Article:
Nergis Demirkaya / DUVAR

The Turkish Medical Association has reiterated its call to the Health Ministry on using the appropriate World Health Organization (WHO) codes when reporting coronavirus (COVID-19) deaths.

The association has been claiming that the number of coronavirus deaths in the country is higher than the official figures announced daily by Health Minister Fahrettin Koca, since the ministry “doesn’t convey the numbers to the WHO using the appropriate codes.”

It also said that the WHO suggested two international codes for the virus, U07.1 and U07.2, but that Turkey doesn’t use the second one and instead uses the one based only on PCR results.

The second code is used for people whose tests are negative, but who are suspected to have been infected with the virus based on clinical and epidemiological findings.

According to the association, some deaths are recorded as being caused by “infectious diseases,” “viral pneumonia” or as “natural death,” ignoring those who died over coronavirus.

When asked about the association’s claims, Koca said that the WHO doesn’t suggest the second code on suspicious cases to countries that can carry out PCR tests.

The association, however, refuted Koca’s statements, with its head Sinan Adıyaman giving the situation in the U.S. as an example.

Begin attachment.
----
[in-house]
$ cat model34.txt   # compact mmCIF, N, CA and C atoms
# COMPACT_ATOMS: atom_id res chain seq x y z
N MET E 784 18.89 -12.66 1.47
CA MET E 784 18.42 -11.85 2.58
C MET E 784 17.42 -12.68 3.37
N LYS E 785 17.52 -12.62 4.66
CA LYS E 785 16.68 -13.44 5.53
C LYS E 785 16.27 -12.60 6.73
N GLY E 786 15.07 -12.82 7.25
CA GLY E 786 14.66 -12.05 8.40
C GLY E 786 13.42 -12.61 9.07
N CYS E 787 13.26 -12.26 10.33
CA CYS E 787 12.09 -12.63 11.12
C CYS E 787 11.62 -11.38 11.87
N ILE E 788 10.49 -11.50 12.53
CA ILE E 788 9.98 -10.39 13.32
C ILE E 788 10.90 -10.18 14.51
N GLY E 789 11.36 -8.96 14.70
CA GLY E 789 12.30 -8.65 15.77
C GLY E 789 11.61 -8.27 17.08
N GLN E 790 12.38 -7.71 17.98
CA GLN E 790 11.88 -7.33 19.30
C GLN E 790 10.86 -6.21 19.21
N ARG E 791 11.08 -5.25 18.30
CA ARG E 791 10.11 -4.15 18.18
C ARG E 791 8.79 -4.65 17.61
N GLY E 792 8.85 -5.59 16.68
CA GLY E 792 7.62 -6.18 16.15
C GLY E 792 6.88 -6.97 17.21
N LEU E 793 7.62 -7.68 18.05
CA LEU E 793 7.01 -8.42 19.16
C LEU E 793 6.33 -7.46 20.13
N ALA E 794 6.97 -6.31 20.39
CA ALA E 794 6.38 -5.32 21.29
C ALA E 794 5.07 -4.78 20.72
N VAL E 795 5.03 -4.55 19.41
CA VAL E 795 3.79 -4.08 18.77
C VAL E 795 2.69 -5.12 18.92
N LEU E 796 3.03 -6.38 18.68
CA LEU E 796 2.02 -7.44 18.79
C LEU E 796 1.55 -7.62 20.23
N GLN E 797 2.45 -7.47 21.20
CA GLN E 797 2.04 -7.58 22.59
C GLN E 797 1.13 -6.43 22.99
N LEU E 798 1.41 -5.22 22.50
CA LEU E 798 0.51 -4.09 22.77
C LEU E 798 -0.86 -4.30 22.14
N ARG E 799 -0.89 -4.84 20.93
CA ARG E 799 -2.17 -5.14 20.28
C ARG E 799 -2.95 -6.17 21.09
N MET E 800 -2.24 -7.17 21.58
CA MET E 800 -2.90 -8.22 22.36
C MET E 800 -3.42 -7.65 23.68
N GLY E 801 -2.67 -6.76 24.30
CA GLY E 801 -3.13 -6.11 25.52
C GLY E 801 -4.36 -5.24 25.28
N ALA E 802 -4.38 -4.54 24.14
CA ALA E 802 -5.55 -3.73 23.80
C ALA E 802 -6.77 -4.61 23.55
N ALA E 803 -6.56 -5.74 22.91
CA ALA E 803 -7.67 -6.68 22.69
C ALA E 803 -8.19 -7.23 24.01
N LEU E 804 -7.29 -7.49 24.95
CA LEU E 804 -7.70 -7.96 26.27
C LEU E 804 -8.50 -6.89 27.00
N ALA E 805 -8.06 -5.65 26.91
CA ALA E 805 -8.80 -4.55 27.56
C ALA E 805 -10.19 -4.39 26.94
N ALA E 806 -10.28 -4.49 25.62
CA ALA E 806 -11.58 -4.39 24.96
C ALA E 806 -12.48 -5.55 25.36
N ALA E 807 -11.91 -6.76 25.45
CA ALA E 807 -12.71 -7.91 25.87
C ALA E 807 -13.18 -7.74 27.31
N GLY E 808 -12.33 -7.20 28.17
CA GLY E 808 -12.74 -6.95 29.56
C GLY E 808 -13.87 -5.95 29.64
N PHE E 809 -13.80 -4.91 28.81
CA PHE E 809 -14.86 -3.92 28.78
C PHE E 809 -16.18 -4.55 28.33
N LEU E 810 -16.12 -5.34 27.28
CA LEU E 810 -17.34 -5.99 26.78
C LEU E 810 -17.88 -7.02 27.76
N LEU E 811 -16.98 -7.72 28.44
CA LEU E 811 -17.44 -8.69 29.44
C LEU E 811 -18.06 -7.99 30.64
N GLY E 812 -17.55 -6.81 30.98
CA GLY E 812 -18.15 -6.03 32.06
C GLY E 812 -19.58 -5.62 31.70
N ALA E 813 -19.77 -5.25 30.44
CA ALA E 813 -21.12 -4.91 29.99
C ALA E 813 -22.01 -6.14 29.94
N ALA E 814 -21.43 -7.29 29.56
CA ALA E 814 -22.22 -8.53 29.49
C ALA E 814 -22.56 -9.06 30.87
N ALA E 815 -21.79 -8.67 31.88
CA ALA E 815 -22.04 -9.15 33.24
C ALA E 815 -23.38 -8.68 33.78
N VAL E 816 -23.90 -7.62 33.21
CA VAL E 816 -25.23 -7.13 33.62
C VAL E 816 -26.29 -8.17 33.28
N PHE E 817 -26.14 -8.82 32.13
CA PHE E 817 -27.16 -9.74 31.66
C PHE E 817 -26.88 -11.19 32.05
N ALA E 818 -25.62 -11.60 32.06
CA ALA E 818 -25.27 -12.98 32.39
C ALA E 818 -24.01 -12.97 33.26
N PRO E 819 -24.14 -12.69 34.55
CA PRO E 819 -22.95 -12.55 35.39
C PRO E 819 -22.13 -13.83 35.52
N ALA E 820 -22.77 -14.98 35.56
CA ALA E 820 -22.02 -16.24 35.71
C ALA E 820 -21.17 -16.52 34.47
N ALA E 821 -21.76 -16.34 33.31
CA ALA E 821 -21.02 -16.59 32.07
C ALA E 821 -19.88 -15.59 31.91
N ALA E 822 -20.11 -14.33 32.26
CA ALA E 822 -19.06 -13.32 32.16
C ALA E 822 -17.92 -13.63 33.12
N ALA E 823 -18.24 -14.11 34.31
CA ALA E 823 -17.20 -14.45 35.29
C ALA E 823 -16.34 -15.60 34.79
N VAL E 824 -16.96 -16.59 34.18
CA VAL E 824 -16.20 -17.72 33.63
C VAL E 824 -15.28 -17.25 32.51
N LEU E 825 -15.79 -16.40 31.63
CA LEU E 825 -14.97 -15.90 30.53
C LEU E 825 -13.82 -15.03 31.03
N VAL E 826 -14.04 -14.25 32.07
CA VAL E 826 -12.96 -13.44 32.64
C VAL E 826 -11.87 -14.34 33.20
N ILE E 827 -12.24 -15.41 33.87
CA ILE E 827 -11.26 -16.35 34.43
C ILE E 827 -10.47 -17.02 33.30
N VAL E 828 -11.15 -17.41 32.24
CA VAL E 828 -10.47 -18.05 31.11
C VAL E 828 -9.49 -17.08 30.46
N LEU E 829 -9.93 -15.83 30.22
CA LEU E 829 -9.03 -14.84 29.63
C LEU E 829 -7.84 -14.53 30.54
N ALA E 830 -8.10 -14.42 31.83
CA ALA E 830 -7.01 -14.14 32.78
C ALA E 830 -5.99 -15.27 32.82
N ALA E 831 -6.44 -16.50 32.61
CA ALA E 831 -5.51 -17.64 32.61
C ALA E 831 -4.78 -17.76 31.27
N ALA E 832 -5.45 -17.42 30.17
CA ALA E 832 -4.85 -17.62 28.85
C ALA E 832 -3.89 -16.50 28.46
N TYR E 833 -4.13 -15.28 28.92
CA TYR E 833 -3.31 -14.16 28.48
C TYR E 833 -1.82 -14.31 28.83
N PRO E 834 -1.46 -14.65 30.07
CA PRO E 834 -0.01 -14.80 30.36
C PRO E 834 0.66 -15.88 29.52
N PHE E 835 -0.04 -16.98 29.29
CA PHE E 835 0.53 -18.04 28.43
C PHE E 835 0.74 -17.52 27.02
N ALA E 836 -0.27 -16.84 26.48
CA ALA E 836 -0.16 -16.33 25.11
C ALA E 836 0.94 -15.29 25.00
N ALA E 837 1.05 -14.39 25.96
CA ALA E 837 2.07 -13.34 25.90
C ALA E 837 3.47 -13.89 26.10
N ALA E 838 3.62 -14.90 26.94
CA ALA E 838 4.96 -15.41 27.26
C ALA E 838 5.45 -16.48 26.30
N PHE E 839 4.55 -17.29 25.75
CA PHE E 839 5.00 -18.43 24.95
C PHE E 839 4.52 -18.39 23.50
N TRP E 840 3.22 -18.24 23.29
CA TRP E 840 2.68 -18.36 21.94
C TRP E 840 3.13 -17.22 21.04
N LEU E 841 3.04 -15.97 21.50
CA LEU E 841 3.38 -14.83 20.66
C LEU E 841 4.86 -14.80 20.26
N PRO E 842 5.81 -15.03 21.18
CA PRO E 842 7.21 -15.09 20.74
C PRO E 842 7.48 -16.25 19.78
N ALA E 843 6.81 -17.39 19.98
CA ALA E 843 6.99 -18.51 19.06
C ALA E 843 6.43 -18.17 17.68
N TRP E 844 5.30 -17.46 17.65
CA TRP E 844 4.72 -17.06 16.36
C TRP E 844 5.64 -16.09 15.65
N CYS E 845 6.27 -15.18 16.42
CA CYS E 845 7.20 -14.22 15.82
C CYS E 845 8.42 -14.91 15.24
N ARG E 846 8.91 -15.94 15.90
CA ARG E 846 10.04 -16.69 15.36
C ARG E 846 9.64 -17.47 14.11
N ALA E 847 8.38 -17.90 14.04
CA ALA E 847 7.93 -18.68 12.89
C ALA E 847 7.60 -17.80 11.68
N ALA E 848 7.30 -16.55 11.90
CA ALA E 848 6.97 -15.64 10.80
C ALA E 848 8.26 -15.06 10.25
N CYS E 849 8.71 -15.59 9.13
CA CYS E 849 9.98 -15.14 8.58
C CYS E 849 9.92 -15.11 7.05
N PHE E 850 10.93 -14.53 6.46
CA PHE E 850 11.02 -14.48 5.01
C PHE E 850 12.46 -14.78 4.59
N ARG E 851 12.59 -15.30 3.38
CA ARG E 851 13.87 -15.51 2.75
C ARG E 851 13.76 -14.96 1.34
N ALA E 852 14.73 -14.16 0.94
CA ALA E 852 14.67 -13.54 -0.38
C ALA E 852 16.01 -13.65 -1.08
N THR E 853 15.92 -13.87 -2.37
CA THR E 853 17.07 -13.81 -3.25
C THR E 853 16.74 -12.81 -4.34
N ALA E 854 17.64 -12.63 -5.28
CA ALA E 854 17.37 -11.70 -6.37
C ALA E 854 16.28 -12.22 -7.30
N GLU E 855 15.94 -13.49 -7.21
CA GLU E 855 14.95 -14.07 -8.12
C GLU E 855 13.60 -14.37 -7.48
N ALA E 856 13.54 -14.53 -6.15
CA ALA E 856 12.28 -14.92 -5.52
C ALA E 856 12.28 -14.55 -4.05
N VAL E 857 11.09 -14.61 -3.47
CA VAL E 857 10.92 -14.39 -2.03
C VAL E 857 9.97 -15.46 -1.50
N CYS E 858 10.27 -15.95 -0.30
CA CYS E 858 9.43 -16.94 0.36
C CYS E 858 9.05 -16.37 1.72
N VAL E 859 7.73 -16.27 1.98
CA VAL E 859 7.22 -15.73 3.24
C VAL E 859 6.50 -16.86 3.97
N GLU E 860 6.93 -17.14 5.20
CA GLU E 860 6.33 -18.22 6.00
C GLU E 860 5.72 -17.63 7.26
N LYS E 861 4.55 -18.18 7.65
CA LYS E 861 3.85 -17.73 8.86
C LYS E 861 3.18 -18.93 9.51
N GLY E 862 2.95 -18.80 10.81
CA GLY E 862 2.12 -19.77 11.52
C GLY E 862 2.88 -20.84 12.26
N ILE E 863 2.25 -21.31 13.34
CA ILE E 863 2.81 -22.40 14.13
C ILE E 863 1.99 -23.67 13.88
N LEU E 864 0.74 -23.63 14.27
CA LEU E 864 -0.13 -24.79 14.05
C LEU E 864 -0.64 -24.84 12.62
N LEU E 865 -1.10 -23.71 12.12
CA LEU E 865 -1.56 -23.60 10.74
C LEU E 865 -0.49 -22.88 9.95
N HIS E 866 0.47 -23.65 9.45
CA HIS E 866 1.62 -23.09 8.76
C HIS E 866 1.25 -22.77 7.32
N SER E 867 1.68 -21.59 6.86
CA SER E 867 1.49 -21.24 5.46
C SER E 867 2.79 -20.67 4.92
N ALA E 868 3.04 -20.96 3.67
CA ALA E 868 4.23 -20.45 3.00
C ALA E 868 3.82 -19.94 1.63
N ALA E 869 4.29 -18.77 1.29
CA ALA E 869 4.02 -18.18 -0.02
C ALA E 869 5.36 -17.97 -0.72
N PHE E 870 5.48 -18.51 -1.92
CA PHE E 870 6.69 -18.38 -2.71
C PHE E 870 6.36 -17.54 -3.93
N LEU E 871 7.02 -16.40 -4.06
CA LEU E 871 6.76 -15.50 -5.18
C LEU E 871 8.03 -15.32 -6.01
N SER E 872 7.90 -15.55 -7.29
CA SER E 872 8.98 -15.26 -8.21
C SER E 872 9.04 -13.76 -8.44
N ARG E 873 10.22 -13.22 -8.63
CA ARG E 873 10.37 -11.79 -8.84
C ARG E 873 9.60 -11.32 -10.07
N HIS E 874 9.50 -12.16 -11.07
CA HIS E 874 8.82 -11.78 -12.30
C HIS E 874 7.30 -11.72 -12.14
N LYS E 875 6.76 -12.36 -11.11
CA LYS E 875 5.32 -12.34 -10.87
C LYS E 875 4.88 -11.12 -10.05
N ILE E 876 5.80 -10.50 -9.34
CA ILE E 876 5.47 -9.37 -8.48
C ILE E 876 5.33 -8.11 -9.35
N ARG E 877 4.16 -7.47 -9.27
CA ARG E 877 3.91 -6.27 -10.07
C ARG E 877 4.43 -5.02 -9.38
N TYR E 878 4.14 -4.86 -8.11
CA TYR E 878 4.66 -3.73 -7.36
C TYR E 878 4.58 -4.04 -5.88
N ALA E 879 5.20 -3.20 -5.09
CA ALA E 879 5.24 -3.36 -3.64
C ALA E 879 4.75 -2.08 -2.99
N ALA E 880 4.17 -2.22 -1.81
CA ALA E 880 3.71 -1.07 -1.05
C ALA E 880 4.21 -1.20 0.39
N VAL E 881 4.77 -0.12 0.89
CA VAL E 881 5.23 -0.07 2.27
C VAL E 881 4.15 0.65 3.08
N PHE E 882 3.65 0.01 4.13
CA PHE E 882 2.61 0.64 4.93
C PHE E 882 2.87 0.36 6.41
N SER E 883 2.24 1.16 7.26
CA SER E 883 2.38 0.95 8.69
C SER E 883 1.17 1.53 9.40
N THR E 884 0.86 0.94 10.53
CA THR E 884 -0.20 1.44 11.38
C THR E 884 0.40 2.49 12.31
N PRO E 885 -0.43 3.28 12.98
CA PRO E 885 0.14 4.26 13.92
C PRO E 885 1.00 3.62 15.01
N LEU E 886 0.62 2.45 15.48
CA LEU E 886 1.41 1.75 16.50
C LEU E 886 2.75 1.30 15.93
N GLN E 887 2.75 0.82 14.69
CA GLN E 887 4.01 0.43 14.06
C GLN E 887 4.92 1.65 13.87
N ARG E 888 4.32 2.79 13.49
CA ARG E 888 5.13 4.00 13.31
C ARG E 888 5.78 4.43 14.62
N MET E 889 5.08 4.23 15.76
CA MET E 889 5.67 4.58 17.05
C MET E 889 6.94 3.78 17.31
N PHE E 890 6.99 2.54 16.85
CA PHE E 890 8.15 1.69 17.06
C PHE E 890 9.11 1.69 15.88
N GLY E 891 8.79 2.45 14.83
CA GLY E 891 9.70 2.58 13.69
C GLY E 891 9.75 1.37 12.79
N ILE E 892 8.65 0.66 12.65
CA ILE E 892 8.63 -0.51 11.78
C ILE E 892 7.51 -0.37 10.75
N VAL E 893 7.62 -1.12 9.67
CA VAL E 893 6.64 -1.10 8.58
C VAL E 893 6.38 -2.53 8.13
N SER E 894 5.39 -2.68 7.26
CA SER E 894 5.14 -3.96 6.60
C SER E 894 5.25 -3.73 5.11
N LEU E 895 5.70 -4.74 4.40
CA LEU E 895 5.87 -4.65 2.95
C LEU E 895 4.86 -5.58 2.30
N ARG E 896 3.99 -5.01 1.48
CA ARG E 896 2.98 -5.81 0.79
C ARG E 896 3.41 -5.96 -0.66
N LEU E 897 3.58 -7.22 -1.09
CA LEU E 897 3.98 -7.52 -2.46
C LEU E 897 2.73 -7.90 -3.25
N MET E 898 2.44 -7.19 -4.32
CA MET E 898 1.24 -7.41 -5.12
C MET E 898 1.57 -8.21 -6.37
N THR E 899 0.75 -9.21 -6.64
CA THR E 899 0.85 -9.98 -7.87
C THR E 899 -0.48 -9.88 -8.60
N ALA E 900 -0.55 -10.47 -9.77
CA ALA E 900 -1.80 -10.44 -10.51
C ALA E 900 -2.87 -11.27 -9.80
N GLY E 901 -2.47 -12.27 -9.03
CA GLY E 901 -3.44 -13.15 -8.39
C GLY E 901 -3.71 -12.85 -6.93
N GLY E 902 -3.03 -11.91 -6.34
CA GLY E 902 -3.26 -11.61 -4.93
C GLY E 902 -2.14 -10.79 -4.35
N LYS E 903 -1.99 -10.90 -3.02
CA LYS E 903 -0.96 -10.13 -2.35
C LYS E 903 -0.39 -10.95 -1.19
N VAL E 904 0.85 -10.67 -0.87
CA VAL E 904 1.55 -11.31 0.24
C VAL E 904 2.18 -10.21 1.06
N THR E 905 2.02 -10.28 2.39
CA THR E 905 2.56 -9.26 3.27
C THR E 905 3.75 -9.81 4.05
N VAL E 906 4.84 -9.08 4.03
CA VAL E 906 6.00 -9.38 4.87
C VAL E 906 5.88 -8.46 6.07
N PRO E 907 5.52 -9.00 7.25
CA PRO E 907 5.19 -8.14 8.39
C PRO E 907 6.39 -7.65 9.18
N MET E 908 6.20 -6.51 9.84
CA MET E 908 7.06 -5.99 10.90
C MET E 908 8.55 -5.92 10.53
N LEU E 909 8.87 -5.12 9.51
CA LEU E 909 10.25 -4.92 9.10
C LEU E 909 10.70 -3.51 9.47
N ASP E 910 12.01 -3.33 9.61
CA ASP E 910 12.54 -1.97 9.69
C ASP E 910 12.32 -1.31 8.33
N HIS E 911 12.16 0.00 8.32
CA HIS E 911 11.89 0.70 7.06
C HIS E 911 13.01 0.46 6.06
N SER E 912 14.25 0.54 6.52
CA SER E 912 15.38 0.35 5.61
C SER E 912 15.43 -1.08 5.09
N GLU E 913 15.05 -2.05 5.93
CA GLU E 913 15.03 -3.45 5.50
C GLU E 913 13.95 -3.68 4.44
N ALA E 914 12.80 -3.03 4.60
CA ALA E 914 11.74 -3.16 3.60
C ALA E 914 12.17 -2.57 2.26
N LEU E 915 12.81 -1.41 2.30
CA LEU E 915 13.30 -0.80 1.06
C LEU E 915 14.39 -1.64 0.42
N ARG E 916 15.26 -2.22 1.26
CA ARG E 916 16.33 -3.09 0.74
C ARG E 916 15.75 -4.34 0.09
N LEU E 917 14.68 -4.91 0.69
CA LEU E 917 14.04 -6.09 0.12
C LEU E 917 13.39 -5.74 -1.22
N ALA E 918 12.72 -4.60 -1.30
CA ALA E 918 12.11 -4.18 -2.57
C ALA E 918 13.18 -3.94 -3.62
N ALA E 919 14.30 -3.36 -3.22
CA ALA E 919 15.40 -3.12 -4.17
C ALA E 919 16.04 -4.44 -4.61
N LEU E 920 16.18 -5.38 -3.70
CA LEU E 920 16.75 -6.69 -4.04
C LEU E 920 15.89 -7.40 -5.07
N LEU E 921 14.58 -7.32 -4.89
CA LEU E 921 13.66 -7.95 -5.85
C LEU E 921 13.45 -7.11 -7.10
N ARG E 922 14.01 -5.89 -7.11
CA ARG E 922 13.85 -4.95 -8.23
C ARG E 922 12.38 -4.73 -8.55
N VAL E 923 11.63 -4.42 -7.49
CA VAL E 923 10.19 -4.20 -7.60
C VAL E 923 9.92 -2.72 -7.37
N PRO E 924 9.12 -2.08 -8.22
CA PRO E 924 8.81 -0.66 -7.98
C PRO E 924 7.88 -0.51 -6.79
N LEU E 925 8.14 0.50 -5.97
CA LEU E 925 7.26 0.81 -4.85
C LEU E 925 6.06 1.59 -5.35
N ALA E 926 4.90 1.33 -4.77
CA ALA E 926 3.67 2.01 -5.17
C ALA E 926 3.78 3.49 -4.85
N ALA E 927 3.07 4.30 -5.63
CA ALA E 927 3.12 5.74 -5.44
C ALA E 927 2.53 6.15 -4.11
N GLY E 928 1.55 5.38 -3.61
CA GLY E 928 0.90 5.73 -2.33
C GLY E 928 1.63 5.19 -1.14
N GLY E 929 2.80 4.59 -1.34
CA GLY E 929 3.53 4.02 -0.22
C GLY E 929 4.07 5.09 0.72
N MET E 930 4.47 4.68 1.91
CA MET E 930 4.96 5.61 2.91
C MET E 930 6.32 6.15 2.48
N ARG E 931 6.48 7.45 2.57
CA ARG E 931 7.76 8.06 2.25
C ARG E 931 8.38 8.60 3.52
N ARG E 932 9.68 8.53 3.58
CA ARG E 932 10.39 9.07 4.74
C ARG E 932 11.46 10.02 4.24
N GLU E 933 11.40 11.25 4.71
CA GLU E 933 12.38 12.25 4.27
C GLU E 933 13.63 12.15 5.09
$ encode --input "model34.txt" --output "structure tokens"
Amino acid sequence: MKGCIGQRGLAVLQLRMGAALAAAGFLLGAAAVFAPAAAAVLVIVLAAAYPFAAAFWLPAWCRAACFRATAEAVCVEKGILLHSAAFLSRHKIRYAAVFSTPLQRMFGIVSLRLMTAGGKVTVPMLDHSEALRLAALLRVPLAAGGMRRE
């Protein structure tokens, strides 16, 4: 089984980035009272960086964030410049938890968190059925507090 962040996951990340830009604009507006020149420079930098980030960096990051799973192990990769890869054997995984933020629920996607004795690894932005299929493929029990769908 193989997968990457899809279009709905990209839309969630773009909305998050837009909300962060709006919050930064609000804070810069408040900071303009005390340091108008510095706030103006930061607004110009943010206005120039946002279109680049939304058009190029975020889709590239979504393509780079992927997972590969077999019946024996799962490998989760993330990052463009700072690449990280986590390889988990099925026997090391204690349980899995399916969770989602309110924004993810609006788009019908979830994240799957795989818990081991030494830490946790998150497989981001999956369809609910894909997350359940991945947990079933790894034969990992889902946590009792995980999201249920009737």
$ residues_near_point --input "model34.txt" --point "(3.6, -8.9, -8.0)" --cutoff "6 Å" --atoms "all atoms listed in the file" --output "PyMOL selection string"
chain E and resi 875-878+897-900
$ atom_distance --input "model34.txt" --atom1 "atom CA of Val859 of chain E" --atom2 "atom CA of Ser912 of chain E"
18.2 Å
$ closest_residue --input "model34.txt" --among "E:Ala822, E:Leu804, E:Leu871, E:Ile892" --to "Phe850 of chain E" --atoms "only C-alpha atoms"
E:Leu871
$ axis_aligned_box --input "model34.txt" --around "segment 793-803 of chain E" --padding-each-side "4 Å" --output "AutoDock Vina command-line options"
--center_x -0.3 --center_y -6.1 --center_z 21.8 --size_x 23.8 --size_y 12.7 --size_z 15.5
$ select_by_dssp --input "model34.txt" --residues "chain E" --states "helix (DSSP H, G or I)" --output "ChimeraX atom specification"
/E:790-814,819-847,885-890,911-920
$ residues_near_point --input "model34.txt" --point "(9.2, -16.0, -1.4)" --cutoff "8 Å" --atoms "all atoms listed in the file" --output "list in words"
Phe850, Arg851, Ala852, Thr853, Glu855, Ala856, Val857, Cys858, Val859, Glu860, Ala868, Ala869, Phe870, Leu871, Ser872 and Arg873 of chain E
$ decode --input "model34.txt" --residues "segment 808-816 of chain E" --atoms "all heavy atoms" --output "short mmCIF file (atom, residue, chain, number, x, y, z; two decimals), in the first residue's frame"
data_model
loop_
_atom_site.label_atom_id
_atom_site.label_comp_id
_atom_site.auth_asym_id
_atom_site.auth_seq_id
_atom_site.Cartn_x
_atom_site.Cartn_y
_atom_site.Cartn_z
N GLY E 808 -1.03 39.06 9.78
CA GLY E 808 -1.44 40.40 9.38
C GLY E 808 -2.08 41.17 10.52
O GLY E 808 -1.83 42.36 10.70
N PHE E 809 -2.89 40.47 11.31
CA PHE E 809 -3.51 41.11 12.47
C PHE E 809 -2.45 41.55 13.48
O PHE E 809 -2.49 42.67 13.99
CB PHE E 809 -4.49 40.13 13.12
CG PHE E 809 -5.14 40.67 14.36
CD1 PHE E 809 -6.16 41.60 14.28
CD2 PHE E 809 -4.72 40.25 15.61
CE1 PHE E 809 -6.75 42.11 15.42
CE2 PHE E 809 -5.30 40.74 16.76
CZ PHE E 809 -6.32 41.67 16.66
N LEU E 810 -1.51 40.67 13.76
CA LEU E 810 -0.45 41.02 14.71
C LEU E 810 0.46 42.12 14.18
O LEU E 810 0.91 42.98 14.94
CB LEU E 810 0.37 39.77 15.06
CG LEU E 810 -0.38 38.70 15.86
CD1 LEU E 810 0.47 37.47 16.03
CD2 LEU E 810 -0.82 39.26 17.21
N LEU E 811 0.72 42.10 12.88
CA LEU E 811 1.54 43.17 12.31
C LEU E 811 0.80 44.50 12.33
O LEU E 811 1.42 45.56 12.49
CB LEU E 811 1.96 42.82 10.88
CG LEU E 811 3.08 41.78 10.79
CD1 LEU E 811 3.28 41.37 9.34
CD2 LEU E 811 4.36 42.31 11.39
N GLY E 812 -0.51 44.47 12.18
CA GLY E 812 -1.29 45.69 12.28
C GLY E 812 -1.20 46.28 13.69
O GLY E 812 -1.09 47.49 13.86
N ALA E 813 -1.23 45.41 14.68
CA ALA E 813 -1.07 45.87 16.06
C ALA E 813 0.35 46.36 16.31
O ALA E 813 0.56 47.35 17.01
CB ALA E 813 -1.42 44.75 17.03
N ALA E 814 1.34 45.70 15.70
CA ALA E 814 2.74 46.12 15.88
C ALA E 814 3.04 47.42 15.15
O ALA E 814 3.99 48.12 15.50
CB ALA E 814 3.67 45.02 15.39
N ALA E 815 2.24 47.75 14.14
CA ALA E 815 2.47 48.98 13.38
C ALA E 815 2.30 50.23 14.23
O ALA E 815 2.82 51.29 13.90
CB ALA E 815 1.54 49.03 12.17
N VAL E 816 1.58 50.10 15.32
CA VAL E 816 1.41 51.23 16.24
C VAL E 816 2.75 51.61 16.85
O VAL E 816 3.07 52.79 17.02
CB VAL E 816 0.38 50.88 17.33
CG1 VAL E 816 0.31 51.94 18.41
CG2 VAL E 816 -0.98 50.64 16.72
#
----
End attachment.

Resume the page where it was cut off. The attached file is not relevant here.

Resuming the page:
Adıyaman said that the number of coronavirus deaths doubled in New York due to the inclusion of those who died after being suspected of having been infected with the virus.

“Is the U.S. not capable of carrying out PCR tests?” asked Adıyaman.

“The minister didn’t respond fully to the question. There is always a perception operation. They say, ‘The WHO praises us.’ The WHO chair didn’t praise Turkey. He only thanked us for sending help,” he told Duvar.

Saying that not using the WHO code bears the risks of not being able to determine the scope of the problem and not adopting the necessary precautions, Adıyaman noted that China revised its death toll and the number of cases via adding the suspected cases.

“The death toll is announced every night. This should continue to be done, but the numbers regarding suspected deaths can be shared in a separate category. Our concern is not to count deaths,” he said.

“We are realistic. We are not doing politics. We are struggling for the scientific data to be put forward clearly. The death toll is probably higher. The information we receive suggests that,” he added.